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Carly Wickham, Head of Marketing

Customer Experience Series: Part 2

Investigating Coffee Shop Customer Experiences

Following our recent blog reviewing why CX is important for retail, and as part of our ongoing quest to find and deliver great customer experiences, we have reviewed how coffee shops create great CX. The caffeine-fuelled investigation uncovered some interesting findings, and we’ve shared them in this SlideShare deck and summarised our insights below.

Coffeehouses alongside pubs have always formed a central part of London life, due to the use of the drink as a widely consumed social stimulant and through the creation of social hubs. Great customer experience is formed through community, a sense of belonging and a ‘third space’ as Starbucks once described it, somewhere to feel at home outside of the house or office.

Coffeehouses are always evolving, and we found five trends that are visibly transforming the sector and have ramifications for good CX across the board. These are:

  1. Specialism
  2. Collaboration
  3. Provenance
  4. Thematic belonging
  5. Workspace

Firstly, we found that becoming a respected specialist and sharing the love and passion for the product details provided customers with a depth of experience. For example, Monmouth provided tasting notes with its coffee beans. Retailers could adopt this by rethinking sales assistants as sector specialists and including customers in the creation process. This links to ‘always in beta’ trend identified in one of our previous blogs.

The second trend was using the coffee shop ideology, as a cosy, community enhancing stimulus, to enhance other environments, e.g. adding a coffee bar to Kit and Ace (a fashion store), or using it to bring together a community, for example, the Rapha Cycling Club. We’ve seen first-hand how community nurturing can enhance a brand with our work for The North Face, and the development of #neverstoplondon as a community built out of the Regent Street store, London.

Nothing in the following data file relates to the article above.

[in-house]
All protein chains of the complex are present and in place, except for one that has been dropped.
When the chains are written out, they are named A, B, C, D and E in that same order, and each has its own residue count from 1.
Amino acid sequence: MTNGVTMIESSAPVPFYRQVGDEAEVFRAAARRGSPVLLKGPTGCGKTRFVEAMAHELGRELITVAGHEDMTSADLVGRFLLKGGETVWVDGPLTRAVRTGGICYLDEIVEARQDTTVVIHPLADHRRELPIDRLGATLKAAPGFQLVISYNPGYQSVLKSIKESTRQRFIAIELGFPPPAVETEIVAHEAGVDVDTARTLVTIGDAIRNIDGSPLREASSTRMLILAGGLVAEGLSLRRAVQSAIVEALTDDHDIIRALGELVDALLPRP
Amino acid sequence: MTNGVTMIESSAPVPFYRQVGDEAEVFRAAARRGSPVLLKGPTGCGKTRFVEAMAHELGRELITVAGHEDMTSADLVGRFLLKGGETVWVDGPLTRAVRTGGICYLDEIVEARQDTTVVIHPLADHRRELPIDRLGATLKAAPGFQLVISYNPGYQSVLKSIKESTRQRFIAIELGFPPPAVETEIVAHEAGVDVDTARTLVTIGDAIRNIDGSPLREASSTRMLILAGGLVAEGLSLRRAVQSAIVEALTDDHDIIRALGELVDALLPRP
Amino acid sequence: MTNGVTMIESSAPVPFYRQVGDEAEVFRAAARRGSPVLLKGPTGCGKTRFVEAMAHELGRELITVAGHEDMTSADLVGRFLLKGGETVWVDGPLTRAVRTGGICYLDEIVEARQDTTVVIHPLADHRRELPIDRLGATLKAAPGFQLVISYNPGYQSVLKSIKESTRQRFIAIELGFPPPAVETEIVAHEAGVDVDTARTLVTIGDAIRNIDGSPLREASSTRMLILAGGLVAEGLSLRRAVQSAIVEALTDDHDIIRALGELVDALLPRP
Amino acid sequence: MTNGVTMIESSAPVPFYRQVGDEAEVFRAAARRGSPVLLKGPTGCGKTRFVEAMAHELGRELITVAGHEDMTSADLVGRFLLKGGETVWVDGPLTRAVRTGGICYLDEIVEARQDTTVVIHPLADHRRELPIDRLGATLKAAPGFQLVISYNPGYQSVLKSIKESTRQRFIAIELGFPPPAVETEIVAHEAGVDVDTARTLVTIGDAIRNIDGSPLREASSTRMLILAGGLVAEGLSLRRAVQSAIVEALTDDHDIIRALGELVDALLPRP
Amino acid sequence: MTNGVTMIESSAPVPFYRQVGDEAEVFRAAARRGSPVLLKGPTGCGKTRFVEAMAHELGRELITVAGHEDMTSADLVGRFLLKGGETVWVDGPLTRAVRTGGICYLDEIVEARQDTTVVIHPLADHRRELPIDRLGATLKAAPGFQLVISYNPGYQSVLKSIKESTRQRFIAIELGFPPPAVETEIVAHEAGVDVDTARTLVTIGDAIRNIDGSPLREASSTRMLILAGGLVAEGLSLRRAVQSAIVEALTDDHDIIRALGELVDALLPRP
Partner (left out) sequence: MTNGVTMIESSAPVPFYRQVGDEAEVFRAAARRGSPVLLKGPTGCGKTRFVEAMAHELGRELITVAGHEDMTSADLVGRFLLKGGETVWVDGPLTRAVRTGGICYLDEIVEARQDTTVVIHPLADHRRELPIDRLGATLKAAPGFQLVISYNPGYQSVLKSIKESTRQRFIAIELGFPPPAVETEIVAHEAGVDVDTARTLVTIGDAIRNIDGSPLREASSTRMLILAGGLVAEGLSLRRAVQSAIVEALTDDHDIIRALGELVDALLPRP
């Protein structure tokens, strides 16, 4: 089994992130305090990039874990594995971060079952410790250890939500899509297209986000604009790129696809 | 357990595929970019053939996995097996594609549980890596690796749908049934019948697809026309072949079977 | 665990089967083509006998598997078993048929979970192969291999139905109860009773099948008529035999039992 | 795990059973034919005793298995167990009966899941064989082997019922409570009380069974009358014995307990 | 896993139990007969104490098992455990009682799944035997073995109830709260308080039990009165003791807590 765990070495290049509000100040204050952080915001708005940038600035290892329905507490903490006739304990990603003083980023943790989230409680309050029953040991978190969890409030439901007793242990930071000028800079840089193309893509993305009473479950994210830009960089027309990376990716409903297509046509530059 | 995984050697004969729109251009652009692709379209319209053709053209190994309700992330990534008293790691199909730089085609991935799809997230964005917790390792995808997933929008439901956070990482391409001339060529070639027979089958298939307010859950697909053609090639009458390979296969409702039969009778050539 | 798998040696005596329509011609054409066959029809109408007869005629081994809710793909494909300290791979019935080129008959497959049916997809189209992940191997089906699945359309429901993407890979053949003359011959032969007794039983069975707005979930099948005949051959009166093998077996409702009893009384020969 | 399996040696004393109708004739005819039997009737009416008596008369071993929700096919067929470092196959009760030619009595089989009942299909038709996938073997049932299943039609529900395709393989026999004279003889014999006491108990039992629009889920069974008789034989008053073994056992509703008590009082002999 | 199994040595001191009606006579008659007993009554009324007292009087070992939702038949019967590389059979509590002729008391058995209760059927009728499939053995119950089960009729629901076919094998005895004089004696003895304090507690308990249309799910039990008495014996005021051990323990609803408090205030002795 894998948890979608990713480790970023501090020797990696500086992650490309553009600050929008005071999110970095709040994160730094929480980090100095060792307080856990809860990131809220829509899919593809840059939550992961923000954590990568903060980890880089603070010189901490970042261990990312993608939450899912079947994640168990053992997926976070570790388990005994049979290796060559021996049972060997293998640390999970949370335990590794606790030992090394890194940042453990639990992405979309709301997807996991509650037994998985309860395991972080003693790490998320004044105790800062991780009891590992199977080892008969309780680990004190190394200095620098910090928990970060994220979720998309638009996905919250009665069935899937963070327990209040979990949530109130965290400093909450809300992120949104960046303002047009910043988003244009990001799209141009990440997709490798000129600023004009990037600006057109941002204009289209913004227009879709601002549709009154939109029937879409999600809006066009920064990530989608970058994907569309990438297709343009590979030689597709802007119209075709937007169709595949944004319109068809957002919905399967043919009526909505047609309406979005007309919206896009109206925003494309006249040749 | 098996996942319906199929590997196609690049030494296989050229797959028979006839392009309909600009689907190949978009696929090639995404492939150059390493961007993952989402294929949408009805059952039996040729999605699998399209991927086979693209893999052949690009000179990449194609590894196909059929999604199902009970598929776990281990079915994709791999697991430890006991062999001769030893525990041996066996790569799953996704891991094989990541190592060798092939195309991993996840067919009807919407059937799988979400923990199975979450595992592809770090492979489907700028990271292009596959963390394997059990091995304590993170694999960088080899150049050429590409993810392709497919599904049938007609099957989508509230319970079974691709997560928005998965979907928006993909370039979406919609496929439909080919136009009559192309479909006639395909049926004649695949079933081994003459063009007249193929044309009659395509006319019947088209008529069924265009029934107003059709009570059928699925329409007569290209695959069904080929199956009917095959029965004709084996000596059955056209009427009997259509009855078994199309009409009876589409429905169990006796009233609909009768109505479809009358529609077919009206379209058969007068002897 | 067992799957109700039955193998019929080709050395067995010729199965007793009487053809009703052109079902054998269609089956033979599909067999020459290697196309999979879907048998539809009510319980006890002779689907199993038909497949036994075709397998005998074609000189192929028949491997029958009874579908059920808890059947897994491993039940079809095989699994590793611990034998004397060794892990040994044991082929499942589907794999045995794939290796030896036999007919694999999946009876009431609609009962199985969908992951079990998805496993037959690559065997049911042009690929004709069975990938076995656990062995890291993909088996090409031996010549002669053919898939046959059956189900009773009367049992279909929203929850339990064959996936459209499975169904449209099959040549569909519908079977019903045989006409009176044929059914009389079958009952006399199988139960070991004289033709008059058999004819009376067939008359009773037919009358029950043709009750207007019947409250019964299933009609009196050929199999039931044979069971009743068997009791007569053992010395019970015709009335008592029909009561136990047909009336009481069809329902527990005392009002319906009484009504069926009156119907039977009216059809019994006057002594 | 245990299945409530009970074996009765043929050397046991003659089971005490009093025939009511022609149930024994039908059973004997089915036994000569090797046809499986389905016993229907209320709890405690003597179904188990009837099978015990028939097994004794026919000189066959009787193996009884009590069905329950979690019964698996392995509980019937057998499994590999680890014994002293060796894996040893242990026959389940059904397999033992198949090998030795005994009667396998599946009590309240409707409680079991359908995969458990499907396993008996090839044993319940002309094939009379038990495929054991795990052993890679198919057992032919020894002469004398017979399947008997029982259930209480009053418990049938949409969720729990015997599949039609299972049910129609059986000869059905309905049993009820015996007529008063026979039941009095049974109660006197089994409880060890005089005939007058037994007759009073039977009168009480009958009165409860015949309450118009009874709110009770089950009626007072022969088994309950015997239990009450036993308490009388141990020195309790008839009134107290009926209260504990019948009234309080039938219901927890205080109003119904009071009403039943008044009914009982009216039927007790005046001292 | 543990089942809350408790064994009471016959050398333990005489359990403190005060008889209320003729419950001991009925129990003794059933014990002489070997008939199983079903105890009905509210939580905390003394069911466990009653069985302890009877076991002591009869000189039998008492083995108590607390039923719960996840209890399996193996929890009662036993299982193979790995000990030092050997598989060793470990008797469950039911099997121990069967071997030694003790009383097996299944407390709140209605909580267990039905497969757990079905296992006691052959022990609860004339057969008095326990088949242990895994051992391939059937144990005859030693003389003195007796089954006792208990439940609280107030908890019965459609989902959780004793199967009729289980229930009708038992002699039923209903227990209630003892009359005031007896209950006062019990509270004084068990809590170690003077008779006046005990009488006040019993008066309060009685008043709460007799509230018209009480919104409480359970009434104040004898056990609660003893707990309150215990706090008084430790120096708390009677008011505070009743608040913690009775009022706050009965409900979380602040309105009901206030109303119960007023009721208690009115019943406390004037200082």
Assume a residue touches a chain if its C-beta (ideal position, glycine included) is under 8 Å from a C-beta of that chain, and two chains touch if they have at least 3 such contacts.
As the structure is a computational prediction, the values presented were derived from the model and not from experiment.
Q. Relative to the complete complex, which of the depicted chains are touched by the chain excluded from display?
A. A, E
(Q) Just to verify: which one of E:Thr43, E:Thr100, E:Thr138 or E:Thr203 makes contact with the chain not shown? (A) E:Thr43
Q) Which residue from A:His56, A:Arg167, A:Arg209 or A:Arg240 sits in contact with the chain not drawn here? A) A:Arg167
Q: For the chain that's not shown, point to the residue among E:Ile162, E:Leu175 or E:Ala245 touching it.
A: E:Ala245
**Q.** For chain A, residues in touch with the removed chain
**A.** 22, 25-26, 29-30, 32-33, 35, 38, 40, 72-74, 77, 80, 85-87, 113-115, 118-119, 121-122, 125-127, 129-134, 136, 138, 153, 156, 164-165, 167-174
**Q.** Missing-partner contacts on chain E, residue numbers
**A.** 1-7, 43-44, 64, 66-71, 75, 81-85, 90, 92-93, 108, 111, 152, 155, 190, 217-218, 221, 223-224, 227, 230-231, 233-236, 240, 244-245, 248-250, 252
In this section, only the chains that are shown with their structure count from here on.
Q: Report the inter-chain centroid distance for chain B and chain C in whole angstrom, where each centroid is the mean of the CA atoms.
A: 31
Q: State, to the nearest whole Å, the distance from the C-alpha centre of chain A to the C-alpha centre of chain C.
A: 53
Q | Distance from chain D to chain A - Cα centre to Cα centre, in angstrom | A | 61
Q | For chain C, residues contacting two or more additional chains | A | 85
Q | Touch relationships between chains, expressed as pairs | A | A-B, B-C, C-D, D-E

Next up were the roasteries that provided a museum-esque exploration into the roasting process as part of their store offering. Customers can learn about the process and understand the provenance and methods used to create a perfect cup of coffee. Retailers could offer the customer experience of openness and transparency, engaging customers about the origin of aspects of the brand.

Trend number four was the growth in thematic coffee shop experiences. From cat cafes to coffee drinking board game hubs – barristers are popping up all over the place. A manifestation of ‘The Experience Economy’ (covered in our first blog) and people seeking out experiences over products. Think of the ways in which experiences can become part of the retail customer journey. Jewellery shops are a good example, with the gloved hands, leather trays, and the big reveal.

Finally, with the rise of mobility, freelance and flexible working, coffee shops have become the new workspaces. Perhaps these new locations create opportunities as retail spaces of the future?

Specialism, collaboration, provenance, thematic belonging and new workspaces are all great ways of seeking out how to engage with customers.

This is the second in our set of four blogs around great CX at retail. In part three, you’ll discover how sensorial branding can help enhance retail customer experience.

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